What is blood pressure?

Blood pressure is the force of blood pressing against the walls of the blood vessels (arteries) that deliver oxygen-rich blood from the heart to all parts of the body. Your heart contracts to force blood around the body and rests briefly between each heart beat. So, when someone takes your blood pressure, two measurements are obtained:

Hypertension occurs when the blood is being pumped through the arteries with more force than normal or when the arteries are calcified (smaller or narrowed). High blood pressure usually does not give any warning signs; you can feel perfectly well yet still have high blood pressure




Monitoring your blood pressure:?

Since you cannot see your blood pressure, it is important that you have it checked at least yearly, or more frequent checks if you are over 40 years of age, have a history of high blood pressure, diabetes or any other risk factors for cardiovascular disease.

Individual blood pressure goals can vary widely depending on whether other risk factors for cardiovascular disease are present. Your doctor should discuss your recommended goal levels with you. You can use the following as a guide when your blood pressure is checked by a nurse or doctor:

What causes high blood pressure?

For most people, there is no specific cause for high blood pressure but the risk of serious problems associated with high blood pressure is increased by:

  • Smoking.
  • High blood cholesterol.
  • Being overweight.
  • Physical inactivity.
  • High salt intake.
  • Diabetes.
  • Family history of high blood pressure.
  • High alcohol intake.

For a minority of cases (about 10%) high blood pressure is related to another medical conditionimage (1)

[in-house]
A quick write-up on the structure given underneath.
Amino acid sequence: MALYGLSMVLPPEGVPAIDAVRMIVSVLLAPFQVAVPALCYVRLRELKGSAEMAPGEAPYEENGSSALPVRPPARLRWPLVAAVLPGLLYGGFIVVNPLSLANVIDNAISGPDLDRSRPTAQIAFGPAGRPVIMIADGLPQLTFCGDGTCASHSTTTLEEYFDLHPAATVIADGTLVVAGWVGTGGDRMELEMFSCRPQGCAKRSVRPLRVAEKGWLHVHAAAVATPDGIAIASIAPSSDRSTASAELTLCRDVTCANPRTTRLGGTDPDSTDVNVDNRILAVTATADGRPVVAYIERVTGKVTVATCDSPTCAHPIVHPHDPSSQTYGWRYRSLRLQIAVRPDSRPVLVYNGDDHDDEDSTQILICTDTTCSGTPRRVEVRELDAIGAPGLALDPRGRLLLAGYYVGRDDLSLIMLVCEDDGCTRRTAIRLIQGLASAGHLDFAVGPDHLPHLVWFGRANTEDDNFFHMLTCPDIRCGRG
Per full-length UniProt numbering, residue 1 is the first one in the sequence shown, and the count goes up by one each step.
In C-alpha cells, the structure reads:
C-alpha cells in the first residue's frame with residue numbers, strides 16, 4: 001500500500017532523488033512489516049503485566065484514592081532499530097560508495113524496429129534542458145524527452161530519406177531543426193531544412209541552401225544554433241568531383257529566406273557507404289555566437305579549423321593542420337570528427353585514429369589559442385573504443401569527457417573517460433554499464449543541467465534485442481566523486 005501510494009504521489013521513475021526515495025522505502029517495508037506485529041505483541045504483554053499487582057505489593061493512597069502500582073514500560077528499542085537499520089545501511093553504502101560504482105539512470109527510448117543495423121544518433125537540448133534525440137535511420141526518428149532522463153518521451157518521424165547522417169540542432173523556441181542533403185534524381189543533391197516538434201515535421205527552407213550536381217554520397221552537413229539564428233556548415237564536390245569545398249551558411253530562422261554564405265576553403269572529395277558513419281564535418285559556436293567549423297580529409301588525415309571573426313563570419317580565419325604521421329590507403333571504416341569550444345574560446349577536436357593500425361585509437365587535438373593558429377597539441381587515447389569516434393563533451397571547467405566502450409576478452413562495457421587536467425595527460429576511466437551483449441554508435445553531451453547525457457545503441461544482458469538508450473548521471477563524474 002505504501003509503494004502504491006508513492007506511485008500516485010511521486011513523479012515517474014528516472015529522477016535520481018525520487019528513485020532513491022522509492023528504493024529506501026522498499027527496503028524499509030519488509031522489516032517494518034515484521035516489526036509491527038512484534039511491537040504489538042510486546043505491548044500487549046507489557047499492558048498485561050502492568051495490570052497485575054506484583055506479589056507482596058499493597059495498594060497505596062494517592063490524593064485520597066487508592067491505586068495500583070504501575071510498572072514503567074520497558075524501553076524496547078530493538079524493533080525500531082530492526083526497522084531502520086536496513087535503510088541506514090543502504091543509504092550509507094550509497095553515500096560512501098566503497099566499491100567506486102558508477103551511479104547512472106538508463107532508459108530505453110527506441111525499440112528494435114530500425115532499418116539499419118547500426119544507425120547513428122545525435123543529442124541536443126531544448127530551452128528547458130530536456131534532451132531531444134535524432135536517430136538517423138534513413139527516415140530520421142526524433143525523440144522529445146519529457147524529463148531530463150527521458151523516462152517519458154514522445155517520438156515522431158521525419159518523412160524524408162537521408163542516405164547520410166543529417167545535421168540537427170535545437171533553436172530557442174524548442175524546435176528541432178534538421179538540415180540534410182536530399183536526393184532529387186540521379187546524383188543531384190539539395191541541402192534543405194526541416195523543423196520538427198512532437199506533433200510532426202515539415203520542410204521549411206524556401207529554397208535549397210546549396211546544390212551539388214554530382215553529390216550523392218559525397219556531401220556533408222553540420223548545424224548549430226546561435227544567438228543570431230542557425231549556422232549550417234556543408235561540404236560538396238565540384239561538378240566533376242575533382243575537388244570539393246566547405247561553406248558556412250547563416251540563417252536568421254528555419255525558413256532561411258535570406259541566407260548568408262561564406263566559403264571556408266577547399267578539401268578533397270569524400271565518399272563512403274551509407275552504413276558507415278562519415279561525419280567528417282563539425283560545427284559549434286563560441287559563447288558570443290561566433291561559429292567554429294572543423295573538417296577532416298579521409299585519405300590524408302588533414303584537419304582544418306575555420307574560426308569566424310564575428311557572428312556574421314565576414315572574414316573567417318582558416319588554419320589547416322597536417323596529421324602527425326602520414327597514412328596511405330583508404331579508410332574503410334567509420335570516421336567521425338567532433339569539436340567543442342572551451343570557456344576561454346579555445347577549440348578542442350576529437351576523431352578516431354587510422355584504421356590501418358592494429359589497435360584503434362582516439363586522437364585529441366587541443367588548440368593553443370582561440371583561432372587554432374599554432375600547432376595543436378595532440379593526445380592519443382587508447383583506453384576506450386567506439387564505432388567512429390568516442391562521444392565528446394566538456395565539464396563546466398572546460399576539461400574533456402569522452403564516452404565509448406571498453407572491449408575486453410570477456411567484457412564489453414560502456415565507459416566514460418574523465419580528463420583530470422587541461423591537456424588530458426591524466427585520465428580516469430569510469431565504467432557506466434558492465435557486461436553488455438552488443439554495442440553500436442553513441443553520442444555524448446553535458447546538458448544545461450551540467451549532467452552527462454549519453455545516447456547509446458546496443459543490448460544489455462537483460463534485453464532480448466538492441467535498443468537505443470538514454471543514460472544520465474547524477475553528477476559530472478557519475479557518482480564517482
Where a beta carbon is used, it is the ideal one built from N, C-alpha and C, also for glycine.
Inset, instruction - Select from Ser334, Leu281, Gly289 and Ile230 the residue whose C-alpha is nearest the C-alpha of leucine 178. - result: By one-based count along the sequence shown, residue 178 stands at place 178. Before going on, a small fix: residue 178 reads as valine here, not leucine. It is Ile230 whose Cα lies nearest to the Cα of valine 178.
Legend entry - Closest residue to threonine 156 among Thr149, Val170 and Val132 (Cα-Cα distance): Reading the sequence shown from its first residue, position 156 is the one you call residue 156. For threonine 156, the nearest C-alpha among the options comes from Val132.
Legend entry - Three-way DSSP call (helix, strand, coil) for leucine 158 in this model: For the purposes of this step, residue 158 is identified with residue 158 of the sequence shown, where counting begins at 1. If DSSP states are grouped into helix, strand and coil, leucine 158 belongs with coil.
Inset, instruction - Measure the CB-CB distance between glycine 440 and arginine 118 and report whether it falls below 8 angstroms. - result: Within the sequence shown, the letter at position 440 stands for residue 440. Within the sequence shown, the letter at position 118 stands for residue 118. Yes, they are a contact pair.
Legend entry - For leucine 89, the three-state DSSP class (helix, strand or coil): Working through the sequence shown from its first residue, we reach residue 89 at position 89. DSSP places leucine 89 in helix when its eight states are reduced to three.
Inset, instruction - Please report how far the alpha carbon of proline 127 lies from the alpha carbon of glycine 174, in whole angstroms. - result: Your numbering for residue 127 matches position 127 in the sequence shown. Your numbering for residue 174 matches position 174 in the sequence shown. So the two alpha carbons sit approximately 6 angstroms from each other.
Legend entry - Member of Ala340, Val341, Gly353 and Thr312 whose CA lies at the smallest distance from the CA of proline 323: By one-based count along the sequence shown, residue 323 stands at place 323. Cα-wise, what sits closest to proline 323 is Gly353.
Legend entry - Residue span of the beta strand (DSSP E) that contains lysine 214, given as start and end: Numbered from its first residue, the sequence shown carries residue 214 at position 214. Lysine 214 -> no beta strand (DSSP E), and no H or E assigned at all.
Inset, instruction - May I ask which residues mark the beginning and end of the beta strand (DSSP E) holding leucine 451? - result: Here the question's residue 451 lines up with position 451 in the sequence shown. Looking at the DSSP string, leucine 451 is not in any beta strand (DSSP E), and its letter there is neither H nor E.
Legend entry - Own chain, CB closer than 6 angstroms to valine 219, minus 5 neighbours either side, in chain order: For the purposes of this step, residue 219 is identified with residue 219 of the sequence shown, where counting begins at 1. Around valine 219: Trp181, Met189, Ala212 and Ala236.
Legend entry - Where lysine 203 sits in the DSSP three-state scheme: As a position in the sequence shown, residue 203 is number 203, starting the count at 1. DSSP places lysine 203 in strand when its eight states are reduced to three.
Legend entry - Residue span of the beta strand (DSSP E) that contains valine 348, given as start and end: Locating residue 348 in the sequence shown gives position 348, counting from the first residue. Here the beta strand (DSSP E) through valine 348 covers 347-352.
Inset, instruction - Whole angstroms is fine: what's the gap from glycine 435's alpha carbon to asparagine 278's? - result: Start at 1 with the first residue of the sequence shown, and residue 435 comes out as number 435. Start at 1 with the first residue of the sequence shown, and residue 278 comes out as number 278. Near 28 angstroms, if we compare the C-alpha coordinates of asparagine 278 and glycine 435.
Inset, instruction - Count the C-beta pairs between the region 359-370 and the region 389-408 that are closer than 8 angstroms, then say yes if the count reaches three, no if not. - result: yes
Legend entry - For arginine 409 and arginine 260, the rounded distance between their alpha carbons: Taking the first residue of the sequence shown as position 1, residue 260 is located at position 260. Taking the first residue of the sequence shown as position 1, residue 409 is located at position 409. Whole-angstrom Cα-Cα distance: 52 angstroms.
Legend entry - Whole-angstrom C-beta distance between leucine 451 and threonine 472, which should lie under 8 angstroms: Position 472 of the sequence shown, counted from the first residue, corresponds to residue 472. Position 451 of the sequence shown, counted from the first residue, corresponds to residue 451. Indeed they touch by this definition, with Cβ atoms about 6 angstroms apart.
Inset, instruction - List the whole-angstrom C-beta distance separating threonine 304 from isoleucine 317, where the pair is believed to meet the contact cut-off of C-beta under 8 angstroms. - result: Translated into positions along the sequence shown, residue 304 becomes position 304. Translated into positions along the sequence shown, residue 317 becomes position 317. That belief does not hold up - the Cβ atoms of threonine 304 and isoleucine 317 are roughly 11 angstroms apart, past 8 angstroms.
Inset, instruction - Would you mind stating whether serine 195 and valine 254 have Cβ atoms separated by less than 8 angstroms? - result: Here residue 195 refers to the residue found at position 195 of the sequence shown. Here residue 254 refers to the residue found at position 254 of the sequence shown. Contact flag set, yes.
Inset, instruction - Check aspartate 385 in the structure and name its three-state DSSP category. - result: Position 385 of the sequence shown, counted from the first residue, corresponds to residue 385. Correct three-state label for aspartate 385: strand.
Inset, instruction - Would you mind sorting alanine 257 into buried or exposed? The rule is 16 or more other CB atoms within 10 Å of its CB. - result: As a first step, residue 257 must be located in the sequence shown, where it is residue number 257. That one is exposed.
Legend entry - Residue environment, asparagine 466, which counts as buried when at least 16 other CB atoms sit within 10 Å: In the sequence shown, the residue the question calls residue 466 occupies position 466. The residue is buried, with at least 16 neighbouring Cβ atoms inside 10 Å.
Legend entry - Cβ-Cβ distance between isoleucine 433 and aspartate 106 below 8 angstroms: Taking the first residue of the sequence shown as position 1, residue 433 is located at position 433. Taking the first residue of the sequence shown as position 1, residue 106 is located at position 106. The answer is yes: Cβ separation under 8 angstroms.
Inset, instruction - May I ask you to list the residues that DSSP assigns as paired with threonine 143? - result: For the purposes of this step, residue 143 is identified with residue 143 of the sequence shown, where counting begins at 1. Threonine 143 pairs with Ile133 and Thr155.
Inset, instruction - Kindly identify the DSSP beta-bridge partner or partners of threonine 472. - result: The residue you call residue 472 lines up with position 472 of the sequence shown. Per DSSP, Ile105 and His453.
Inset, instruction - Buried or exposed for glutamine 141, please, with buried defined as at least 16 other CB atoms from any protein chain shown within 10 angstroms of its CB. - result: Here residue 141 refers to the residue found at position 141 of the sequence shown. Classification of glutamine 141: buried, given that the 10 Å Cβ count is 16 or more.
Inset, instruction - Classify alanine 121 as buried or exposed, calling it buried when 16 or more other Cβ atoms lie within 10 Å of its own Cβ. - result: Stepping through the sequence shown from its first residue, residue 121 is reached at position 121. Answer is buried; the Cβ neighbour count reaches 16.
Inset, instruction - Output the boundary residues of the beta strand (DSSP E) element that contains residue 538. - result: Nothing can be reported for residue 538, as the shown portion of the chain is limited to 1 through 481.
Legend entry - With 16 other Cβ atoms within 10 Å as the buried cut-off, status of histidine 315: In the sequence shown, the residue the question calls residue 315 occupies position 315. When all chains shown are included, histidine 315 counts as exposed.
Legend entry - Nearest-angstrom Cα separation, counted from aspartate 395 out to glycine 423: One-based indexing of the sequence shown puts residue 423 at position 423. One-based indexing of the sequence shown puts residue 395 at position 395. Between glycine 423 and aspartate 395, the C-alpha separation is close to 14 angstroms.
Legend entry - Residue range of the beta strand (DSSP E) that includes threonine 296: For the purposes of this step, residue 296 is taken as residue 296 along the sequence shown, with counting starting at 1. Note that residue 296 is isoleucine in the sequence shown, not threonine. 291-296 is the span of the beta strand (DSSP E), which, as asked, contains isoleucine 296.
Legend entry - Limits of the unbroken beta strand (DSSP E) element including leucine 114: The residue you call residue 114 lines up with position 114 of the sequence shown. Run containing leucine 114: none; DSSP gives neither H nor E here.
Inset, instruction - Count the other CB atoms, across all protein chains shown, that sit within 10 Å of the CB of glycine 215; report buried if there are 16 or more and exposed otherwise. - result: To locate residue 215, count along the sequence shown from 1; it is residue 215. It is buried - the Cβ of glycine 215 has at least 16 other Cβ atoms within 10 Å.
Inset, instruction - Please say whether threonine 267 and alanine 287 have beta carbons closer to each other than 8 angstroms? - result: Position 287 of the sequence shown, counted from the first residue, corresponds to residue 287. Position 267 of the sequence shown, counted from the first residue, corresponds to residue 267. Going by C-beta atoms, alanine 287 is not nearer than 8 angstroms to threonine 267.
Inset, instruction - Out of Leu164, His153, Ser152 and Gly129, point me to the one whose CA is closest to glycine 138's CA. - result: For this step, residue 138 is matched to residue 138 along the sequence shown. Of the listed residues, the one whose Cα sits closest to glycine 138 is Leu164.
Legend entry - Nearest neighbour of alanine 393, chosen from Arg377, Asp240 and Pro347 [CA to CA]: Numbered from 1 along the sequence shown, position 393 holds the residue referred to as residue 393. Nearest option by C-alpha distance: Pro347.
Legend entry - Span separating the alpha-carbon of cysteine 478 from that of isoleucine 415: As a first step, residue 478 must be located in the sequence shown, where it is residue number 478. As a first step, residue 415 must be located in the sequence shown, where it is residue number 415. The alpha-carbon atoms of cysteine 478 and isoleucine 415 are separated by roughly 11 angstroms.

Tips to control your blood pressure:?

It is recommended to:

  • Have your blood pressure checked during routine visits to your doctor.
  • Make healthy diet and lifestyle choices to do regular physical exercise (30 minutes per day of brisk walking), sit less, lose excess body fat for a healthy body weight, reduce your alcohol intake, quit smoking and minimise physical and emotional stress by relaxing and thinking positively.

Enjoy a wide variety of nutritious foods from these five groups every day by eating:

  • Plenty of vegetables (include different types and colours) and legumes/beans.
  • Fruit.
  • Grain foods, mostly wholegrain and/or high fibre varieties (e.g. breads, cereals, rice and pasta).
  • Lean meats and skinless poultry (removing any visible fat), fish, eggs, tofu, nuts and seeds.
  • Milk, yoghurt, cheese and/or their alternatives (mostly reduced fat).

To achieve and maintain a healthy weight, it is also important to:

  • Limit intake of foods containing saturated fat, added salt and added sugars.
  • Select predominantly polyunsaturated and monounsaturated fats such as oils, spreads, nut butters/pastes and avocado.
  • Drink plenty of water and if you choose to drink alcohol, limit your consumption.

If diet and lifestyle changes are not enough to reduce your blood pressure, you may also require medicines. There are numerous blood pressure medicines and in some instances, a number of them may be required long term. If high blood pressure remains uncontrolled, a renal denervation procedure may help to lower your blood pressure.